John F. Kennedy Presidential Limousine

Object: John F. Kennedy Presidential Limousine

Manufacturer: Ford Motor Company and Hess & Eisenhardt Company

Place: Dearborn, Michigan and Cincinnati, Ohio, USA

Date of Creation: 1961

The Henry Ford, Dearborn, Michigan, USA

EMu user since 2010

John F. Kennedy Presidential LimousineThis is the car in which President John F. Kennedy was assassinated in Dallas, Texas, on November 22, 1963. Kennedy’s death marked a pivotal moment in American history. In that instant, the relative calm of the post-World War II years was shattered and “The Sixties” as we understand them – civil rights legislation, the Vietnam War, the counterculture – began.

The car, code named X-100, began life as a stock four-door 1961 Lincoln Continental convertible. Hess & Eisenhardt modified it for presidential use by extending its length, adding foot stands for Secret Service agents, and creating removable roof panels. The modern limousine perfectly complemented the forward-looking young president who promised to lead his country into a “New Frontier.”

After the assassination, officials examined the car and removed any potential evidence, and then ordered that it be rebuilt and returned to duty. Surprising as it seems, the decision was practical. New president Lyndon Johnson needed a vehicle, and modifying the X-100 was faster than building an entirely new limousine.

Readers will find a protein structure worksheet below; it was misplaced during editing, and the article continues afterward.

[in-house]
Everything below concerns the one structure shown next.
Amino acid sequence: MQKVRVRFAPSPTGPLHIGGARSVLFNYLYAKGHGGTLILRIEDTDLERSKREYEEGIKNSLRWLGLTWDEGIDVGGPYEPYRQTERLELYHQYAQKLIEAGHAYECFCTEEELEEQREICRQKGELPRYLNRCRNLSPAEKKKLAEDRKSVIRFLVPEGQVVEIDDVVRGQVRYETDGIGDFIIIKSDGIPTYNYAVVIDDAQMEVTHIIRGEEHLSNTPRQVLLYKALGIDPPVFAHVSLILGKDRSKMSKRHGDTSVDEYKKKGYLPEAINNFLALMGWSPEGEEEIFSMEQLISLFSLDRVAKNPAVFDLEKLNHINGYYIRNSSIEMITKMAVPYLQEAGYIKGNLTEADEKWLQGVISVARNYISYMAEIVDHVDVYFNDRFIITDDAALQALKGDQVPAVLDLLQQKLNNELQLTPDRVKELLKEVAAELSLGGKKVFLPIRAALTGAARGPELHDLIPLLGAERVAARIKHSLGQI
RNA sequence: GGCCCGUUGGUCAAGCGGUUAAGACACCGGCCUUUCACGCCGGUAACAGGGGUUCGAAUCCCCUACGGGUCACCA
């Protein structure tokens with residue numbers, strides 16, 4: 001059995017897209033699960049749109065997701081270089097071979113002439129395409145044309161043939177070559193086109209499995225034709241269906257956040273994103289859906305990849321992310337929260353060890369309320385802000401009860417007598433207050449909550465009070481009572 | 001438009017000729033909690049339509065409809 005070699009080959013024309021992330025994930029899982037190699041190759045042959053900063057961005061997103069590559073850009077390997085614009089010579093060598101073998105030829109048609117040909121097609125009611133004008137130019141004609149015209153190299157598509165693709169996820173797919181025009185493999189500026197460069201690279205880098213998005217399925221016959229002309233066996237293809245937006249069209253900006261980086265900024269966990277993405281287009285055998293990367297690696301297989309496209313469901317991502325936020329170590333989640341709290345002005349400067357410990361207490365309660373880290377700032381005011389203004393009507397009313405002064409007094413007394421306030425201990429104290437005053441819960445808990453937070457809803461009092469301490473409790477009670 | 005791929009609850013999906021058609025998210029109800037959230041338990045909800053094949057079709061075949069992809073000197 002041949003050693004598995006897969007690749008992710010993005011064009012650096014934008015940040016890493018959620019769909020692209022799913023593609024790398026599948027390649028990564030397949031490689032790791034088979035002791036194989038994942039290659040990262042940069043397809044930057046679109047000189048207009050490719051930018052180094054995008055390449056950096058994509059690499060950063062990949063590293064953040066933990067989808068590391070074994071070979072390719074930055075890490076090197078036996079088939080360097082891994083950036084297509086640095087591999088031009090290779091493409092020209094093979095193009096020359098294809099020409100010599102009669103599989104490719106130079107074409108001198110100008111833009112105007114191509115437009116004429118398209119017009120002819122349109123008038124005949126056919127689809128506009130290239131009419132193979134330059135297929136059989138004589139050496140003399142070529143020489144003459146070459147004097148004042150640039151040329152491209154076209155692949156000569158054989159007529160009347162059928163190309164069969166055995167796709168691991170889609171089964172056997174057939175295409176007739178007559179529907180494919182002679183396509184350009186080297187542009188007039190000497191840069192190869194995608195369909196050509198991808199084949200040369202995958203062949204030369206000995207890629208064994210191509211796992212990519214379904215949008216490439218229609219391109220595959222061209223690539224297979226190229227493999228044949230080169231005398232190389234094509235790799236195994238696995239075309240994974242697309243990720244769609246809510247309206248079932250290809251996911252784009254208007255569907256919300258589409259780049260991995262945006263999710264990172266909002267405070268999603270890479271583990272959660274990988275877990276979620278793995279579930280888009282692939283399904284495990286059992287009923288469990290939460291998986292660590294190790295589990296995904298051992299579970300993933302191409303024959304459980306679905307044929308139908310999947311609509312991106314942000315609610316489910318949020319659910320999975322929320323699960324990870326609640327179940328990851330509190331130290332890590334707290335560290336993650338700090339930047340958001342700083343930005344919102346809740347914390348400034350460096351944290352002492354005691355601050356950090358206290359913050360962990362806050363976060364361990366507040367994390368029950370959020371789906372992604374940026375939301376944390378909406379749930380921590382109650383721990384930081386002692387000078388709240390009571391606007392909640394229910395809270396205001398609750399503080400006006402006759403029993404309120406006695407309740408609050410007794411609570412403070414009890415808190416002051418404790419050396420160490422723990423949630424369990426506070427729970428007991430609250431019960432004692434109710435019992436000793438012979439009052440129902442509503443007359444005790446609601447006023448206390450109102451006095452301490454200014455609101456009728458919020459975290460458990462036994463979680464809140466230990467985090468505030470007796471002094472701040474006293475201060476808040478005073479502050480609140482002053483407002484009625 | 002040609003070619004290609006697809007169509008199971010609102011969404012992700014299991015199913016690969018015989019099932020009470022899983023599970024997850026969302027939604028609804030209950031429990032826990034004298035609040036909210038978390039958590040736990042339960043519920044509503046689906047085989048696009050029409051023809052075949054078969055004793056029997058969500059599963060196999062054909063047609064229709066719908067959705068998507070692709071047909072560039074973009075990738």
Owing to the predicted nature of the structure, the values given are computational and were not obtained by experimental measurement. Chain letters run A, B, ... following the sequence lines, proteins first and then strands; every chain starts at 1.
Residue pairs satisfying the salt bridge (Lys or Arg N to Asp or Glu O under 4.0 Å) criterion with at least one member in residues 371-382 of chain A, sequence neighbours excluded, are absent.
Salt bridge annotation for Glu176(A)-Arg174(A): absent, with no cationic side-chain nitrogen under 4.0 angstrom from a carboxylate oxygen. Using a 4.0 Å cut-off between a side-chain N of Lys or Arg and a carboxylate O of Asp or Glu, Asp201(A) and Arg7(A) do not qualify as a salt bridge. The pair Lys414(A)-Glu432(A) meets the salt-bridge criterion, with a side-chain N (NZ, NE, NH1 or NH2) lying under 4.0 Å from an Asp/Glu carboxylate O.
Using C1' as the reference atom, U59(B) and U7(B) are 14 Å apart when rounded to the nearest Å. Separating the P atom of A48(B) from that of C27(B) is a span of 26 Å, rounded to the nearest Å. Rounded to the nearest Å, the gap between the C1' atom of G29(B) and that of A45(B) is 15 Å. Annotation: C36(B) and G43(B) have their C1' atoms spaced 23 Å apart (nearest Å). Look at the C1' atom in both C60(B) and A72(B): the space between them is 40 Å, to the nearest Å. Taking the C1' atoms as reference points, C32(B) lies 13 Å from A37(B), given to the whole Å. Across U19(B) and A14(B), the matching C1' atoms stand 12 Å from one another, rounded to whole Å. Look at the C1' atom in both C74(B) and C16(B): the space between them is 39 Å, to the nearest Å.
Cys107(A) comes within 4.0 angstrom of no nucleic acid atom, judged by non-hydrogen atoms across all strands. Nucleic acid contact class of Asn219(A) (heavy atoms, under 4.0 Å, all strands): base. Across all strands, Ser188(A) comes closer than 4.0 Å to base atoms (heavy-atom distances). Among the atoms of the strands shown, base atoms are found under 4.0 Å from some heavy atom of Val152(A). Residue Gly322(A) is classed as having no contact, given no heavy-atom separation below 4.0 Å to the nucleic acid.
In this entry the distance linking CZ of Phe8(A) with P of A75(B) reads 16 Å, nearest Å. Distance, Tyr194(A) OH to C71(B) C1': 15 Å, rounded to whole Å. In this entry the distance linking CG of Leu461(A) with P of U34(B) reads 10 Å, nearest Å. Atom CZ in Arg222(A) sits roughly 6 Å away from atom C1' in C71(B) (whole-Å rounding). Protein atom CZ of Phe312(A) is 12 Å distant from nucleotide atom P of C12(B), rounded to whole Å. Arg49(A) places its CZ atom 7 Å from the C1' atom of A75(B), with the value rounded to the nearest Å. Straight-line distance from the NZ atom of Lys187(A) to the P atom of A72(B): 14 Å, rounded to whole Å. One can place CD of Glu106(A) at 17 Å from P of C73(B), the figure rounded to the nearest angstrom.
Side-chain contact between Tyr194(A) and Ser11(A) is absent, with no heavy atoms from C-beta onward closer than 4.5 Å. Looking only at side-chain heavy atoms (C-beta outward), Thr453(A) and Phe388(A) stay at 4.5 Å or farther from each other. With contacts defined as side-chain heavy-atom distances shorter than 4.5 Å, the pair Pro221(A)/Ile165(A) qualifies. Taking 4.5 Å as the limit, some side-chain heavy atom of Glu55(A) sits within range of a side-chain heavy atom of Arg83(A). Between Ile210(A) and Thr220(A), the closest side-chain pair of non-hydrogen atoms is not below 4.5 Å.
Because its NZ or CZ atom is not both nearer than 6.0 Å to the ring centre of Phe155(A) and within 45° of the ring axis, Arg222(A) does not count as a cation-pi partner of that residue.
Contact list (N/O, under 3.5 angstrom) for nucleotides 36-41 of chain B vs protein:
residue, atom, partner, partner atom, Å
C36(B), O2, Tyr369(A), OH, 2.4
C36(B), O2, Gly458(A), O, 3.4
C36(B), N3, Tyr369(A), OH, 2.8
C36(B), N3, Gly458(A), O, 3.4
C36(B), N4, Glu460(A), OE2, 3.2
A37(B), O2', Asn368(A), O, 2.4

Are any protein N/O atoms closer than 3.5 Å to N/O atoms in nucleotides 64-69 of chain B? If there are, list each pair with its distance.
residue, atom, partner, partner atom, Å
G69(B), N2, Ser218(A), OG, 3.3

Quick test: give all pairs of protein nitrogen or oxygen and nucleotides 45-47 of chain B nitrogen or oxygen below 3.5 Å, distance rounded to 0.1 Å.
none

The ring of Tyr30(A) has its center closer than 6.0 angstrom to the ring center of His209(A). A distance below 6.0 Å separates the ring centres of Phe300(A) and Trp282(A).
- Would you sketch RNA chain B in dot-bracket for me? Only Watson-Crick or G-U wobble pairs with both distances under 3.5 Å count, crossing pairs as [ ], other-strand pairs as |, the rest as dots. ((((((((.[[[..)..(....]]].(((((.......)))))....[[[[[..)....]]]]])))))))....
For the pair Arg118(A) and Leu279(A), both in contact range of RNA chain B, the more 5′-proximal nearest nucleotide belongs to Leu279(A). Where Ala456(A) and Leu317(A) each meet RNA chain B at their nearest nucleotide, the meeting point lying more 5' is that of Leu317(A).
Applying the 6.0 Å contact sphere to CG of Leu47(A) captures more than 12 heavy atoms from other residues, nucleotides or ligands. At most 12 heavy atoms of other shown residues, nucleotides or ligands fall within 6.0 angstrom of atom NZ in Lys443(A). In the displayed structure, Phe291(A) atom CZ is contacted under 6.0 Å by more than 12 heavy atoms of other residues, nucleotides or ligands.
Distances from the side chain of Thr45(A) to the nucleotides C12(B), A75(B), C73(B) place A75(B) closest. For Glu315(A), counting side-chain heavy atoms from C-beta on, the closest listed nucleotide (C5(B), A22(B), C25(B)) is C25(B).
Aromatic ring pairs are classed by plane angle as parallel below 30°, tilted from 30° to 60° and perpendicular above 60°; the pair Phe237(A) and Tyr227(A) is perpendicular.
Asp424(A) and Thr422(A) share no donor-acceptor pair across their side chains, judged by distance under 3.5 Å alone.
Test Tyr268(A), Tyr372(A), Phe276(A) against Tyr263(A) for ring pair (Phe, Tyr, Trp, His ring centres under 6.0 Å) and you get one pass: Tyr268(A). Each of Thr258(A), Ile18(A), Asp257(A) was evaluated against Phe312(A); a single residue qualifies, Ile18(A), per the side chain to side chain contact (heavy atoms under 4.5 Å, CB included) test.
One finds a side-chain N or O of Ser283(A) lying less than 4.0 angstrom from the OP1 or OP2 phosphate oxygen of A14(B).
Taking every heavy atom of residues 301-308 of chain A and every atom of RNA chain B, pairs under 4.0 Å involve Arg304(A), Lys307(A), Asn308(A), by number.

John F. Kennedy Presidential LimousineThe $500,000 project produced a true armored car. Titanium steel plating reinforced the doors, body panels and floor. Bullet-resistant glass filled the windows. Filters on the heating and cooling systems protected from poison gas. The now-permanent roof, with large bulletproof windows, provided a reasonable compromise between safety and visibility. The updated vehicle served Presidents Johnson, Richard Nixon, Gerald Ford and Jimmy Carter, and then returned to Ford Motor Company at the end of its lease.

Ford Motor Company donated the car to The Henry Ford in 1978, where it is exhibited today. Fifty years after Kennedy’s assassination, the limousine remains a powerful link to one of history’s most dramatic turning points.


Exterior Image: From the collections of The Henry Ford (THF91101) Photographer: Mark Harmer

Interior Image: From the collections of The Henry Ford (THF91094) Photographer: Mark Harmer